THE BLOG
11/03/2014 02:11 pm ET Updated Dec 06, 2017

Happiness: It's Not About Having Kids or Not

I answered a reporter's query about whether couples with or without kids are happier. She thanked me for my insights and sighed. She'd already received an overwhelming response from parents eager to voice (read: vent) their opinions about how their having children has correlated directly with the downfall of their personal happiness index. Yet, she bemoaned, the 'child-less by choice' couples were hesitant to speak up on the topic.

I considered her grievance for a while, and thought of the 'kid-free by choice' couples I knew. Many came right out and declared their desire to travel the world untethered to domesticity. Others perpetually string interrogators along with a "we'll just have to wait and see what happens," kind of response. Still, others boldly admit to a preference for channeling their finite time, energies and resources into spouses and careers. And paradoxically, as well as I (think I) know these couples, wouldn't ask them to share their much-needed, yet deeply personal perspectives to the reporter's piece. Later, I realized why.

In some cases there may be some self-loathing, or maybe some couples are conflicting. Perhaps some couples are frustrated, saddened, or resentful they cannot bear children. Maybe they've begun the adoption process but it became too emotionally exhausting and economically draining.

Regardless, many couples profess to be happy with their decision not to be handcuffed to an 18-year child-rearing sentence. However, because of all the 'whys' they constantly field, invariably, they perceive an undercurrent of societal judgment and scorn for not making the ultimate sacrifice of personal (and financial) freedom. It's complicated. I get it. Even with five great kids of my own, birthing the first one at age 30, I still struggle with the occasional yearning to fly the coop and explore the world.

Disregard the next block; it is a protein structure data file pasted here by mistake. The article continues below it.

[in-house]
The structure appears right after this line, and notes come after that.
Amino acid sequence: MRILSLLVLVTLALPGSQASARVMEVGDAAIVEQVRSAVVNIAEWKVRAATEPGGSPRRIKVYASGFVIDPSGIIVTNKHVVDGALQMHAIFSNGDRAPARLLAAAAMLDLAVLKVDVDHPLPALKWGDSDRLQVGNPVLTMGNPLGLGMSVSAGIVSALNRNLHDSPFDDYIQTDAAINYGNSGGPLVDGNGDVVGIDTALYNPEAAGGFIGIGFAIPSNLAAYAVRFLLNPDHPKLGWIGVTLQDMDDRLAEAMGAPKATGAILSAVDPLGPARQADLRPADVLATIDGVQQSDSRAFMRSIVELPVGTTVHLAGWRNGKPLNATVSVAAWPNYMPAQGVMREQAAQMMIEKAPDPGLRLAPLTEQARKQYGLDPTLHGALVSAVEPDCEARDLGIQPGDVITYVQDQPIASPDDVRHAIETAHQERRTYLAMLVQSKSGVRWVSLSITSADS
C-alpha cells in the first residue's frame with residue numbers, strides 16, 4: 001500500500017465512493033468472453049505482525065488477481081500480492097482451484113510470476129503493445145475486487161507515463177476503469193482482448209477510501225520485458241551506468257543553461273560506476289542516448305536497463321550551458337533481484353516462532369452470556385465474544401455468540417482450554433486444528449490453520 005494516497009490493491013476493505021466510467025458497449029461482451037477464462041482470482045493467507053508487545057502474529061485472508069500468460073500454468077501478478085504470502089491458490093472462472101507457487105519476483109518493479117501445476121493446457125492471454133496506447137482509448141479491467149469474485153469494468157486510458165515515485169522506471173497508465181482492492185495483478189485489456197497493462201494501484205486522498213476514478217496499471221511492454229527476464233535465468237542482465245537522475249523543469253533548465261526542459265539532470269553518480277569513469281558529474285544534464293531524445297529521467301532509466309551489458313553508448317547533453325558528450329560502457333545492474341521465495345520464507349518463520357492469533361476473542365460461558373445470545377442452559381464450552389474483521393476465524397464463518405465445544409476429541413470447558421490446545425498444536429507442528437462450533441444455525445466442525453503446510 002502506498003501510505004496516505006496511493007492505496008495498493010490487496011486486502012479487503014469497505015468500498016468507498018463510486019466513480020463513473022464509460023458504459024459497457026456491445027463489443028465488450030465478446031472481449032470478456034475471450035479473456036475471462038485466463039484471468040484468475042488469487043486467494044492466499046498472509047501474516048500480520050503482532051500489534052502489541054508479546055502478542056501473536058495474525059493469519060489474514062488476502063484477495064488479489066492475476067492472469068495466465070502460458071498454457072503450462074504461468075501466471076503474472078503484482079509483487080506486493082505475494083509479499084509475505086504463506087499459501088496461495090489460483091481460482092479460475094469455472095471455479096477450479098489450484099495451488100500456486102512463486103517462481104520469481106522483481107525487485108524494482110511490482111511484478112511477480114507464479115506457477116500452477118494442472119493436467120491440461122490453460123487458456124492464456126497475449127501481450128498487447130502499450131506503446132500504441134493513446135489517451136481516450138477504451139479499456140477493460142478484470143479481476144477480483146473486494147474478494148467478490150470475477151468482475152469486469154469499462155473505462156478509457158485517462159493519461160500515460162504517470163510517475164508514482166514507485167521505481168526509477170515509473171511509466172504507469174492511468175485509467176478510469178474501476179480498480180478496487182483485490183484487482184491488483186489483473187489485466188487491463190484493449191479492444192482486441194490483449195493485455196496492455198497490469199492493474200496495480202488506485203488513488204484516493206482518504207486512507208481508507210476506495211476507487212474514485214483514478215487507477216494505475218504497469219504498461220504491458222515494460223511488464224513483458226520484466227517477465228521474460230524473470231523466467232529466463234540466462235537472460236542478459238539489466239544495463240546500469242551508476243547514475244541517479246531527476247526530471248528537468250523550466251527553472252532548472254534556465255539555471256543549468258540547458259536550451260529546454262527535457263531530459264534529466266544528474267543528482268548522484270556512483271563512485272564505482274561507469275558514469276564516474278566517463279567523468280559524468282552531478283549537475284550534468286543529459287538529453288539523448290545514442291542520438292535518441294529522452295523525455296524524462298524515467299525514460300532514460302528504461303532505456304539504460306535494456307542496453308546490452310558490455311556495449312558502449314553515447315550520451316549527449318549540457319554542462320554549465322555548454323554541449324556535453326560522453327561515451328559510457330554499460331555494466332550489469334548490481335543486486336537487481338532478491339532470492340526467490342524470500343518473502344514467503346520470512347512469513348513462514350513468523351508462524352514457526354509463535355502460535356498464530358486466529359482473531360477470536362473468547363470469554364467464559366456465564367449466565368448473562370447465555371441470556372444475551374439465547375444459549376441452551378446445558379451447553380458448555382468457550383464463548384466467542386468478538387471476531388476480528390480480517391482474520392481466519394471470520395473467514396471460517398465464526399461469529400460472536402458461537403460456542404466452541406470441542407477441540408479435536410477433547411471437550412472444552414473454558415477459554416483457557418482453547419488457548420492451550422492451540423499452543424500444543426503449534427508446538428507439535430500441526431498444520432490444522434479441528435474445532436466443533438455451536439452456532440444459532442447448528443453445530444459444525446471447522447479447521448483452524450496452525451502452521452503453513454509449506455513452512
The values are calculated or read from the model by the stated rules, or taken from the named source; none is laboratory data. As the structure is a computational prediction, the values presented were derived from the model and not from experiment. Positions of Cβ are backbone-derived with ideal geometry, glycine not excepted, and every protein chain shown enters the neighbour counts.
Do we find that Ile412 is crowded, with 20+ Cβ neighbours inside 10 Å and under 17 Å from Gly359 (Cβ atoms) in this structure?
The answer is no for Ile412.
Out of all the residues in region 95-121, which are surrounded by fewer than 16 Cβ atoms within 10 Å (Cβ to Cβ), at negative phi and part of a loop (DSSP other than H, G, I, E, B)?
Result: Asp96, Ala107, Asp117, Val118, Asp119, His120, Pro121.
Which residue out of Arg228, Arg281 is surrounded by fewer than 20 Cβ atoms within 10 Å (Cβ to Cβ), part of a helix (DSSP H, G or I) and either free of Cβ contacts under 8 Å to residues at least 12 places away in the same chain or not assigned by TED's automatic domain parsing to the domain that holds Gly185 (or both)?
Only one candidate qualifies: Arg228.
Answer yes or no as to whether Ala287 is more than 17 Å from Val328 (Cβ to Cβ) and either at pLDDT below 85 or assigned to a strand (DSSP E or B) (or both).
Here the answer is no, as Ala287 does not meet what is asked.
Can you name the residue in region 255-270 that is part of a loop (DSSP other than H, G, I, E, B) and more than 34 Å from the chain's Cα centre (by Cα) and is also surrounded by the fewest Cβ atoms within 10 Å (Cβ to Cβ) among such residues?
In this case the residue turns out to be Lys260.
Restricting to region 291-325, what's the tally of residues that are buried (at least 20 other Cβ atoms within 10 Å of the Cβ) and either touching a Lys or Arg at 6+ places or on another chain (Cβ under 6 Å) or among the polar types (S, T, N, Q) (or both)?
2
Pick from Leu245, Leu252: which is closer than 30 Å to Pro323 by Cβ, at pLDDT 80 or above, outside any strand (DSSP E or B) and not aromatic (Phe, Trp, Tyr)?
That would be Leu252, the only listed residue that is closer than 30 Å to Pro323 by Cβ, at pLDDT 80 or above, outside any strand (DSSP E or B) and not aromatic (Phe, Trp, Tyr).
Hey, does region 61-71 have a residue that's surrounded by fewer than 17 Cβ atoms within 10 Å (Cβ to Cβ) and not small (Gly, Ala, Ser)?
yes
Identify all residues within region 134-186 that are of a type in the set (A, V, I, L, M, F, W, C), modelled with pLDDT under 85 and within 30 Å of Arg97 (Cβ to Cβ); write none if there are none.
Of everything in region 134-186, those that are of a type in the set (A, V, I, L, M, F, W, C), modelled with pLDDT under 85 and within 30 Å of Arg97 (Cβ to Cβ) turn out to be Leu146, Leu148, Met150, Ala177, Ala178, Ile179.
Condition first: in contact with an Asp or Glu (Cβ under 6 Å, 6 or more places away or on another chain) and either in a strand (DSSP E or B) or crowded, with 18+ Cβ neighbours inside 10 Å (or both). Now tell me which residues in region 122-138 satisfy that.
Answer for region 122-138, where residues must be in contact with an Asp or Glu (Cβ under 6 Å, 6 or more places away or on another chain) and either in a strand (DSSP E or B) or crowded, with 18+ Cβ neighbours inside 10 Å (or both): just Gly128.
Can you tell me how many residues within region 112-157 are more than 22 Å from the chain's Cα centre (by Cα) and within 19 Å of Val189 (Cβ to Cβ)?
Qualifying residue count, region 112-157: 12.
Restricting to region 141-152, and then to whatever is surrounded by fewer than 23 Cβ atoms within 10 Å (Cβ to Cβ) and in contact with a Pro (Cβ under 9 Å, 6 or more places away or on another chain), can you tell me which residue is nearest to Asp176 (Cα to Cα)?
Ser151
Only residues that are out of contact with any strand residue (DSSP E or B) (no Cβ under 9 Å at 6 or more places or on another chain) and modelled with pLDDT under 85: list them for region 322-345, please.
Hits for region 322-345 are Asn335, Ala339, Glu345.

Nonetheless, many couples with kids would agree that yes, ultimately, kids do bring us moments of profound joy and soulful fulfillment. Raising children does add more purpose to our lives, true. But a contribution to the daily happiness factor? Nah, not really.

Frankly, the state of being happy has nothing at all to do with having kids or not. Just like it isn't contingent upon the acquisition of material wealth. It is, however, about how you live your life. Period.

Internal satisfaction and daily happiness can be found through acts of humanitarianism, the realization of a childhood dream or by way of living our passions -- day after day. And it's definitely bolstered when we share honest and meaningful relationships with other human beings such as a significant other, family member or close friend. We find happiness in being our authentic selves and in embodying gratitude.

But here's the rub: happiness is a choice, made daily, that hinges upon our ability to see the positivity in whatever life situation we find ourselves in. It's in the cultivation of healthy habits consistent with what we deem important in our lives. (For example, after exercise I prepare a delicious vanilla-flavored, high-protein shake teeming with frozen bananas and frozen berries. Sounds silly and insignificant perhaps, but I fantasize about that smoothie throughout my entire workout. It's the prize for completion. The mere thought of that shake keeps me motivated long after my body tires, and tastes like liquid ecstasy after training.

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Another happiness habit I've created is a self-imposed reward system -- treasure-box style. Like many of you, I love Starbucks. However, I don't indulge often as not to lose the enchantment. I tell myself that for every x-amount of books sold, I earn a trip to Starbucks. It keeps me motivated and keeps the whole Starbucks experience a special treat. Once I become a NYT bestselling author, I'll have to up the ante in order to keep it rewarding.])

But, really, above all else, happiness is in the knowing that no matter what life throws our way, we can handle it and move forward stronger, more confident and more resilient.

And even though I spend hours each day hiding from my kids in the laundry room (no one dares look for me there lest they get drafted to help fold), at the end of the day, it's a combination of my amazing husband, spirited brood, and the deeply gratifying work I do to help others that form the pillars of my raison d'être.

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And when it comes to a shot at happiness, all people stand on equal footing if they too find theirs.